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Budget 2019 - between the devil and the deep blue sea with a monster waiting!


If you have ever visited Jabalpur, you surely would have taken a boat ride across 'Bandar Kodini' at the Bhedaghat waterfalls. The boat ride initially takes you along the Narmada river at a leisurely pace, as you gape in wonder at the majestic white cliffs - a hundred feet tall on both sides - changing colour. They do not actually change colours, the cliffs comprise of many shades of marble and as the rays of the sun bounce off their surface, give an illusion of changing colours. And then as your boat ride comes to a close, the tranquil waters of the river gain a sense of urgency after a point and turn turbulent as they crash down the Dhuandhar falls.

I don't know if the new Finance Minister Nirmala Sitharaman has ever visited Bhedaghat, but she might be able to relate this with the experience she is going to have with the Indian economy. The two giant cliffs she is rowing the boat between are Slowdown in Economy and Managing Inflation. With the NDA government having managed a thumping victory in the elections - the waters are very calm now on the surface but as we get nearer to another election, the waters will again turn turbulent like they did for the UPA-2 (though for an entirely different set of reasons) from 2012-13.

The simile with Bhedaghat doesn't end here - the cliffs that Sitaraman faces change their colours and hues. Economic Slowdown manifests in form of farm sector distress, and the moment you allow farm incomes to rise - you drift towards the other cliff - retail inflation! Then you might try to solve the dual issues by not allowing farm output costs to rise (thus keeping retail inflation in check) but dole out money to farmers via Income Guarantee schemes like MNREGA or PM-Kisan Samman.

But the moment you grant income guarantee to farmers, the cost of labour goes up [read more on this here]. With this, sectors like real estate - already grappling with a slowdown due to structural reasons, stringent regulation and impact of demonetisation - will suffer the problem of labour shortage.

The manufacturing sector will also start avoiding labour because they are costly and their availability very seasonal. Also, as labour availability drops or cost of labour rises, manufacturing becomes a capital intensive industry rather than labour intensive industry (like it is in China) - and so that leads to a drop in generation of jobs which is again another sign (colour) of the Economic Slowdown.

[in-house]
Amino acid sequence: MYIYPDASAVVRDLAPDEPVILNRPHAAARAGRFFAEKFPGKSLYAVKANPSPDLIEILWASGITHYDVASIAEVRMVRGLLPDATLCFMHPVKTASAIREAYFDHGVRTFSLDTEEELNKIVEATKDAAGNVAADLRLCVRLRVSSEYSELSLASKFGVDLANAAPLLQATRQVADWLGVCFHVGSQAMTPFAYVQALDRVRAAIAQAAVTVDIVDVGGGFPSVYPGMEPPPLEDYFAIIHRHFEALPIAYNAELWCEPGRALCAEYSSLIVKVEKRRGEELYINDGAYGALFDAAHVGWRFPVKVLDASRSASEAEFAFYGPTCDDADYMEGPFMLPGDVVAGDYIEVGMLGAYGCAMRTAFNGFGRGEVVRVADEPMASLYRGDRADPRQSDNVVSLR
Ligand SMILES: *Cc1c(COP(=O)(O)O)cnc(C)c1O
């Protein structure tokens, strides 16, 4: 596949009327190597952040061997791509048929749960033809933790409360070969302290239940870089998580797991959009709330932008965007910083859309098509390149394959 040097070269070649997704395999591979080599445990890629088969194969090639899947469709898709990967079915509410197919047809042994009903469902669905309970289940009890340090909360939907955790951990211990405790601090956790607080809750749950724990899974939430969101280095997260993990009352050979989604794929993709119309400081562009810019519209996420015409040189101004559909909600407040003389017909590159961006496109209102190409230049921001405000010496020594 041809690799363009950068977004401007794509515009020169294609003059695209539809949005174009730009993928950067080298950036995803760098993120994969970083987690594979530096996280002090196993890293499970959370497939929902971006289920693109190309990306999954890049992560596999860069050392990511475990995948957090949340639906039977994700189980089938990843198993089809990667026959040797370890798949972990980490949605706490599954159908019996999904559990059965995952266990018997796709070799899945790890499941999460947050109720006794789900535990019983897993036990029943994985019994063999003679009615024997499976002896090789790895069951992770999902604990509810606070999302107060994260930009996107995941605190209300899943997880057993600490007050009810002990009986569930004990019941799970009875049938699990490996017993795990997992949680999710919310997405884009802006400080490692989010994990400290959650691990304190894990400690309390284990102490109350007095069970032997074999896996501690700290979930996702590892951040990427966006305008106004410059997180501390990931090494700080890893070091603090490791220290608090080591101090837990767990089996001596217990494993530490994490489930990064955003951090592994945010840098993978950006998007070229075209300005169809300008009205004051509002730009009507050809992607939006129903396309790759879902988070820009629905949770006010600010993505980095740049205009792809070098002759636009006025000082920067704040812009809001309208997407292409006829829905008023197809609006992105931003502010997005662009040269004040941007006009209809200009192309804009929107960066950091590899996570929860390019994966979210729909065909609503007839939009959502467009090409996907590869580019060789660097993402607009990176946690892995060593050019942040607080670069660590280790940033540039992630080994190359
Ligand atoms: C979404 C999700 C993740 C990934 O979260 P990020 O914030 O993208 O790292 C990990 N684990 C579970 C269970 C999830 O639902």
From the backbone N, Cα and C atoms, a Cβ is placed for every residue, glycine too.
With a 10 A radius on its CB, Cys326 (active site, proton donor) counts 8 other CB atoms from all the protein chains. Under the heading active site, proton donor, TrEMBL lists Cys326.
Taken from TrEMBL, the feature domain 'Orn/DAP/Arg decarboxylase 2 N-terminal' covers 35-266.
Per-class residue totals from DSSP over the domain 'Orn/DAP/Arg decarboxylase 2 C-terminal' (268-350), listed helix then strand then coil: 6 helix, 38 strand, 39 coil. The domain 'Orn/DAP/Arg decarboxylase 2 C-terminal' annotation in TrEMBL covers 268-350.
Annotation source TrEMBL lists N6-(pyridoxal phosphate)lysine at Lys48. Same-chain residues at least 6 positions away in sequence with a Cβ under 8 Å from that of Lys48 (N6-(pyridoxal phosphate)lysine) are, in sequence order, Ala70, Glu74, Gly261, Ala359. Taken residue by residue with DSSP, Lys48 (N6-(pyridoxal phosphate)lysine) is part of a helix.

If you've noticed the highlighted text - we have come a full circle from Economic Slowdown to Economic slowdown, just like you can keep shuttling between two tall marble cliffs at Bhedaghat.

Successive finance ministers have kept shifting their policy positions from trying to spruce up the 'Indian economy' to gain escape velocity 8%+ growth to trying to protect 'Bharatiya Arthvyavastha' from getting marginalised in the rising tide. If you had infinite time, you could keep shuttling between these two and enjoy your boat ride merrily - like successive FMs starting with Yashwant Sinha, Jaswant Singh, P Chidrambaram, Pranab Mukherjee, and finally Arun Jaitley have done.

But as all of their cases indicate - no one has infinite time; with every election comes the point where the river leads to a waterfall. Vajpayee lost because his FMs could not manage consumer distress, Chidambaram survived because he managed to keep growth high but in the very next term this came biting the UPA back and leading to high inflation coupled with cases of corruption in high places. With Jaitley, the reverse happened where farm distress came biting him back, but two things saved him - one that he got an opportunity to bring in a short term solution of PM-Kisan in the interim budget and second is national security becoming the focal point of the 2019 elections. The government's ability to execute PM-Kisan with swiftness definitely had a role to play.